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@muriel66

It has been ten days since my last statement about the way I am. I become more and more in touch with the ways I experience PICS after severe septic shock (2016) and septic shock (2017). I hope I am not repeating myself when I say that frankly I am cognitively and emotionally worse than I was before I experienced the second incident of septic shock. My concentration certainly is worse, as is my depression. Of course, depression can diminish concentration and diminished concentration can exacerbate depression.

It is positive that I finally accept that my depression is substantial and thus, I am more patient with myself and less judgmental of my cognitive disfunction. (Pat me on the back, please.) The uneasiness that I have is not knowing if in the future, I will return at least to the level of cognitive/emotional healing that I experienced before the second experience of septic shock. In other words, I am concerned about whether or not I will be able to function in a more ‘normal’ fashion. (Please pray for me.)

Tonight my brain is weary. I need to rest… and that is a subject about which I later will comment. My dreams seem long and complicated. I wish they were simple ones. Anyway, I continue to be thankful to be alive and as very-well as I am! My dear husband and I laugh about some of the silliness in my changes and our adjustments. Thanks for listening! M.H.

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Hi Rhoda @rckj
I was going through messages and re-reading yours, I thought I would check in to see how you are doing. Today @windwalker wrote a post in another discussion that I thought you may appreciate reading https://connect.mayoclinic.org/newsfeed-post/sharing-the-burden-of-pain-meet-sandytoes14/?pg=1#comment-105045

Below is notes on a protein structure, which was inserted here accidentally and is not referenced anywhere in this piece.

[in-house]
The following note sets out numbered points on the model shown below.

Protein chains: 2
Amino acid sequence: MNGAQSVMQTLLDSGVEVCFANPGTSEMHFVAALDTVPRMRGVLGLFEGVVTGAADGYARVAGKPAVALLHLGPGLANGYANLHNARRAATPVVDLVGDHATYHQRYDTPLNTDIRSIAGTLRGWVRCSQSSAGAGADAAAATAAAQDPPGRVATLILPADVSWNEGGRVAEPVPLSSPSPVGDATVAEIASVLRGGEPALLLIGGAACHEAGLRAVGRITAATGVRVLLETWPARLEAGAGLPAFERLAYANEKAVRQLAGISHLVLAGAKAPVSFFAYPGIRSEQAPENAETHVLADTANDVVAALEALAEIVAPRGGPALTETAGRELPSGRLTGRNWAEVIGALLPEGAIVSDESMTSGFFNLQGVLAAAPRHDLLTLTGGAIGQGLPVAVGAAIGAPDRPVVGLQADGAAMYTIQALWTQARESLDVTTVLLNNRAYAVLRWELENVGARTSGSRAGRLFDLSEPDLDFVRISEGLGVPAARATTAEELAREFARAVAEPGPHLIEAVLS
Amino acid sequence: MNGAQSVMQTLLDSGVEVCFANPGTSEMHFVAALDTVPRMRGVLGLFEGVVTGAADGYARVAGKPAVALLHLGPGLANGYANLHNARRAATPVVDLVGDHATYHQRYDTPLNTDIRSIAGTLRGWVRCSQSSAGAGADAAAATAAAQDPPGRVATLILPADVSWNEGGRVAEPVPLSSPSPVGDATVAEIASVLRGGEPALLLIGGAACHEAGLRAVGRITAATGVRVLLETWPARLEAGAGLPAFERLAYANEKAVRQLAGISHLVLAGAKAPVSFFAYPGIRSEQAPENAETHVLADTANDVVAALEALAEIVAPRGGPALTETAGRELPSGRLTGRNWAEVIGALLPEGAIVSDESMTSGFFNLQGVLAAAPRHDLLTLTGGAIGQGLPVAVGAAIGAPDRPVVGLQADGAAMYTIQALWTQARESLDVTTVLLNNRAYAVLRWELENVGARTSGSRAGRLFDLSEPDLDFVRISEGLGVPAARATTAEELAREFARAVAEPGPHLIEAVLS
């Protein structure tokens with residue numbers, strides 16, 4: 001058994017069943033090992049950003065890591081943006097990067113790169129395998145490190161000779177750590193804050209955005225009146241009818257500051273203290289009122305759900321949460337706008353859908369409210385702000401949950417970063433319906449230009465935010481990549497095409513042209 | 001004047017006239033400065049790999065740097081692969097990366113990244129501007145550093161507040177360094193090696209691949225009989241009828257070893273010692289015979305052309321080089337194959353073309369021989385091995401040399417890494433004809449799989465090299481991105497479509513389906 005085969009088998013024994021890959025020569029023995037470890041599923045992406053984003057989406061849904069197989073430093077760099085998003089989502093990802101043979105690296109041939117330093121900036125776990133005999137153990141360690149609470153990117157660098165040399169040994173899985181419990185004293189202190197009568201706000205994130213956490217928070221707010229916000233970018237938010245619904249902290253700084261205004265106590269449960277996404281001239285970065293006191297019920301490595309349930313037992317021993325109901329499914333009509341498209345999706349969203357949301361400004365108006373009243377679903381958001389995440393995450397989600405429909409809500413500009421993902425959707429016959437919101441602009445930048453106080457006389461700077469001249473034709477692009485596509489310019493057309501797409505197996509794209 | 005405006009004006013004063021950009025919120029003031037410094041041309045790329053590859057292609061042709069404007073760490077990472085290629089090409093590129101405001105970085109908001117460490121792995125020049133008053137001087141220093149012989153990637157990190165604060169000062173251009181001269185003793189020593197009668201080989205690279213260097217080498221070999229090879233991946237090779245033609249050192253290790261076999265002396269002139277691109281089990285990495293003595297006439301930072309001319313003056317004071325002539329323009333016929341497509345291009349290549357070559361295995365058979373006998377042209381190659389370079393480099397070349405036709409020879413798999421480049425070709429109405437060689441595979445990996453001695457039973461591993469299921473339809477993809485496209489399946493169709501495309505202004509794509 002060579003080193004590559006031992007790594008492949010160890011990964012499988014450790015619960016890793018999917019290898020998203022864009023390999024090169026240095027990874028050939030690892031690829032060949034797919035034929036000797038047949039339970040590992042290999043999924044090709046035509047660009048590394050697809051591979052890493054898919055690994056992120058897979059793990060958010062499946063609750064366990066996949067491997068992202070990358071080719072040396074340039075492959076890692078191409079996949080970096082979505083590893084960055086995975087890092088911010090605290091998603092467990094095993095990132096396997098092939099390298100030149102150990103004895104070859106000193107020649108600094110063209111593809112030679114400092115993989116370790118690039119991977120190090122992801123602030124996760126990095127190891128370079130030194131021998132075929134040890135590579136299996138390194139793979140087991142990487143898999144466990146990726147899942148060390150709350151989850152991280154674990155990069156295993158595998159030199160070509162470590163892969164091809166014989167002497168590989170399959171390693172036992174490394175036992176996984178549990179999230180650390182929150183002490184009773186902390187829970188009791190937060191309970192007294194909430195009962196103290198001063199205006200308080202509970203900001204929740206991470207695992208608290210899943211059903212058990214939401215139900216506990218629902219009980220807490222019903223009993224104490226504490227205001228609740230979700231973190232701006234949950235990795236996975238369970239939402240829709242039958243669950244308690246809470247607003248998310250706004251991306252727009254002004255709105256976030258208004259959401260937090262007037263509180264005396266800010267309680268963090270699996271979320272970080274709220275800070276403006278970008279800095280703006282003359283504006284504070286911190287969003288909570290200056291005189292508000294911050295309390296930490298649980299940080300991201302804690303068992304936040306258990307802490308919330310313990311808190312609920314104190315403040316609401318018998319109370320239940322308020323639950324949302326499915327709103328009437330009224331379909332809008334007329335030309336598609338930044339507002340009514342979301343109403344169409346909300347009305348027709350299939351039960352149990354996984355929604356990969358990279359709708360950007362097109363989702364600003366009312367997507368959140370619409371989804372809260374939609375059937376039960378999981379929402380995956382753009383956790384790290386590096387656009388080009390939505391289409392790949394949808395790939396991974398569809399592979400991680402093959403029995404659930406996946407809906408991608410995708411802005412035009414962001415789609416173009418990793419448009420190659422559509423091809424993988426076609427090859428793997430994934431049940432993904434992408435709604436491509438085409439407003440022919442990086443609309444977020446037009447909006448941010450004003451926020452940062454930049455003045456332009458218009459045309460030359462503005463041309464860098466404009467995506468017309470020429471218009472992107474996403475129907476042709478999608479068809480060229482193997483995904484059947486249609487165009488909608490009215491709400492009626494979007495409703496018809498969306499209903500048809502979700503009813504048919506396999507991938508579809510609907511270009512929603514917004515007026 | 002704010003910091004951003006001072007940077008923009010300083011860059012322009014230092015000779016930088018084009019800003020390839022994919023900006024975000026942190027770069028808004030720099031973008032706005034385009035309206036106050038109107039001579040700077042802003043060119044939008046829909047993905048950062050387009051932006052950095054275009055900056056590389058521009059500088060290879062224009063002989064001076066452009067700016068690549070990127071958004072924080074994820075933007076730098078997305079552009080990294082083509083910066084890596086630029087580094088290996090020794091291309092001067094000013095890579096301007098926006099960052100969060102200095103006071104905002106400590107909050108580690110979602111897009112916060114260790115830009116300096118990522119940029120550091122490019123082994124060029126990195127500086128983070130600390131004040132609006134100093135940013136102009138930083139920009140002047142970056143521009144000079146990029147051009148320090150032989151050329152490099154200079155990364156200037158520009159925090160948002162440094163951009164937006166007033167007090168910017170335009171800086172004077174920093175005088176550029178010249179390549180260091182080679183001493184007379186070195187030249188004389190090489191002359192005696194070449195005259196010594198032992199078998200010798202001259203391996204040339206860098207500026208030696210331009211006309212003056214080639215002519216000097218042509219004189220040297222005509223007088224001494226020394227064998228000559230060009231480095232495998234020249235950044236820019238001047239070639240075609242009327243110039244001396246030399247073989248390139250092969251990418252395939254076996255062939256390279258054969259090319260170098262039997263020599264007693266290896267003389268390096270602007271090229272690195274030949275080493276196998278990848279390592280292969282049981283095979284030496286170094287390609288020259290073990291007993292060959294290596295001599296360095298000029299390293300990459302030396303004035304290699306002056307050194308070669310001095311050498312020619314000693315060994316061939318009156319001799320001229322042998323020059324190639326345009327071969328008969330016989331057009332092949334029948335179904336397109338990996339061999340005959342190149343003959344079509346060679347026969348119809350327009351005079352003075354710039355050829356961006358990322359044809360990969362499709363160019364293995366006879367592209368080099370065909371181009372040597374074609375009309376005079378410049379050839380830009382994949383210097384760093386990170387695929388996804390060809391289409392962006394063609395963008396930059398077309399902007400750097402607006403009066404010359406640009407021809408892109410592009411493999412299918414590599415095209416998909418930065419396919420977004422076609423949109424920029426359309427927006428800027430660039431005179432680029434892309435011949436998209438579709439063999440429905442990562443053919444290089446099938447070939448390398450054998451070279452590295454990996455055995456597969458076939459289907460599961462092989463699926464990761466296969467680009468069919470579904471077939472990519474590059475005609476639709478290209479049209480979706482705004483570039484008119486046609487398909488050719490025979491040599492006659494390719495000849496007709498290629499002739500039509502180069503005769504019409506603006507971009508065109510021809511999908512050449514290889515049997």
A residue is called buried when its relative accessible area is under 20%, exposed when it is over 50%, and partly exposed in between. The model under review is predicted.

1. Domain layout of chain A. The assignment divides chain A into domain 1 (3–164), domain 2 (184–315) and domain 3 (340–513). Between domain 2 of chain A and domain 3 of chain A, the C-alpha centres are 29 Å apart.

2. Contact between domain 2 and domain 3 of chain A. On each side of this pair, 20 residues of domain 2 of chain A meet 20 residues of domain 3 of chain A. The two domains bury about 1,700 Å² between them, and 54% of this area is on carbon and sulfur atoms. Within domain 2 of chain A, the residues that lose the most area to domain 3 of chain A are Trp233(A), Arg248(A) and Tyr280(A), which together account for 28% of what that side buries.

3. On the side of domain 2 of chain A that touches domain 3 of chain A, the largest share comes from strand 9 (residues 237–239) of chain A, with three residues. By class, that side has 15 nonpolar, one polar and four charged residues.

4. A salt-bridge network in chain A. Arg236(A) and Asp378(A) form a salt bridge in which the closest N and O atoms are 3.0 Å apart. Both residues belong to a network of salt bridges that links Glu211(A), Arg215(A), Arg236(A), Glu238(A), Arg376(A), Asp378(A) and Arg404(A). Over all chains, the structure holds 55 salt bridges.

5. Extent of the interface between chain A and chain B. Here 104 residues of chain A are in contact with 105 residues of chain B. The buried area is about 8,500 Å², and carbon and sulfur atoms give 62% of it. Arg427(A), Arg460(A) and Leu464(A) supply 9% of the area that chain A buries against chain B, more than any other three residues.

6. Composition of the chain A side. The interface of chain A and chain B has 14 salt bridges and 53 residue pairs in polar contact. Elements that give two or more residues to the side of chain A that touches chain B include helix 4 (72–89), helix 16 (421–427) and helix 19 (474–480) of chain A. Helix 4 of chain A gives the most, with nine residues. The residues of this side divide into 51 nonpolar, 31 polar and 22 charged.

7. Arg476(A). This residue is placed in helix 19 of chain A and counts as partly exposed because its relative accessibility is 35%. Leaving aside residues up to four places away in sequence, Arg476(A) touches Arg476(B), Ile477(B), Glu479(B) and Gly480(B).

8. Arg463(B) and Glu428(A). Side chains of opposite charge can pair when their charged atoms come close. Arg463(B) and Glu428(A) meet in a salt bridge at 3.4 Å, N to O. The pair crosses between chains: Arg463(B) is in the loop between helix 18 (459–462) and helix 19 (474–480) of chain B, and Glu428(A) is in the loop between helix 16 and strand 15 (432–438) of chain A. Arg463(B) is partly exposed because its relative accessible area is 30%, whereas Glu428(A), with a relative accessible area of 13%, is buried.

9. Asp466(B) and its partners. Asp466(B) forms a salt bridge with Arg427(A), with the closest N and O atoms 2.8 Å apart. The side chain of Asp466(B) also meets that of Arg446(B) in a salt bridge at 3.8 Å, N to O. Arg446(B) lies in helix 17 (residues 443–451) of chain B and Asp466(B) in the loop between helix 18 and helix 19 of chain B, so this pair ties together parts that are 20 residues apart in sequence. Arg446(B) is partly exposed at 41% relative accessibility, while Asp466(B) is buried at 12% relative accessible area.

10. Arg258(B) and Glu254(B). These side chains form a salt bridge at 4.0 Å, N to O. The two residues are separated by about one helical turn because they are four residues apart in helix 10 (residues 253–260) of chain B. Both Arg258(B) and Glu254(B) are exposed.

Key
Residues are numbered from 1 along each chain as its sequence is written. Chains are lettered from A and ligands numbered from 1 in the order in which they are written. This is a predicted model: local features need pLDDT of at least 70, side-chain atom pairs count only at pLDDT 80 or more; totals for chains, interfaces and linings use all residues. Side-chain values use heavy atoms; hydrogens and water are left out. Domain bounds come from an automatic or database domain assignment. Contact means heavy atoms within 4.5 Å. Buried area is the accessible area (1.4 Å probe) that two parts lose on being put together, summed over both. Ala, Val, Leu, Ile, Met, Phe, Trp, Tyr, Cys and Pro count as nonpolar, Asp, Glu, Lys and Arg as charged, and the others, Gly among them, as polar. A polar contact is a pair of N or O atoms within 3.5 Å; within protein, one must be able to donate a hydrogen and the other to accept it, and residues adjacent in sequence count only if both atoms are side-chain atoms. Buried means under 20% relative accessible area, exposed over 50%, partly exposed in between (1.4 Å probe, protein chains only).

I look forward to hearing from you again soon.

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@muriel66

It has been ten days since my last statement about the way I am. I become more and more in touch with the ways I experience PICS after severe septic shock (2016) and septic shock (2017). I hope I am not repeating myself when I say that frankly I am cognitively and emotionally worse than I was before I experienced the second incident of septic shock. My concentration certainly is worse, as is my depression. Of course, depression can diminish concentration and diminished concentration can exacerbate depression.

It is positive that I finally accept that my depression is substantial and thus, I am more patient with myself and less judgmental of my cognitive disfunction. (Pat me on the back, please.) The uneasiness that I have is not knowing if in the future, I will return at least to the level of cognitive/emotional healing that I experienced before the second experience of septic shock. In other words, I am concerned about whether or not I will be able to function in a more ‘normal’ fashion. (Please pray for me.)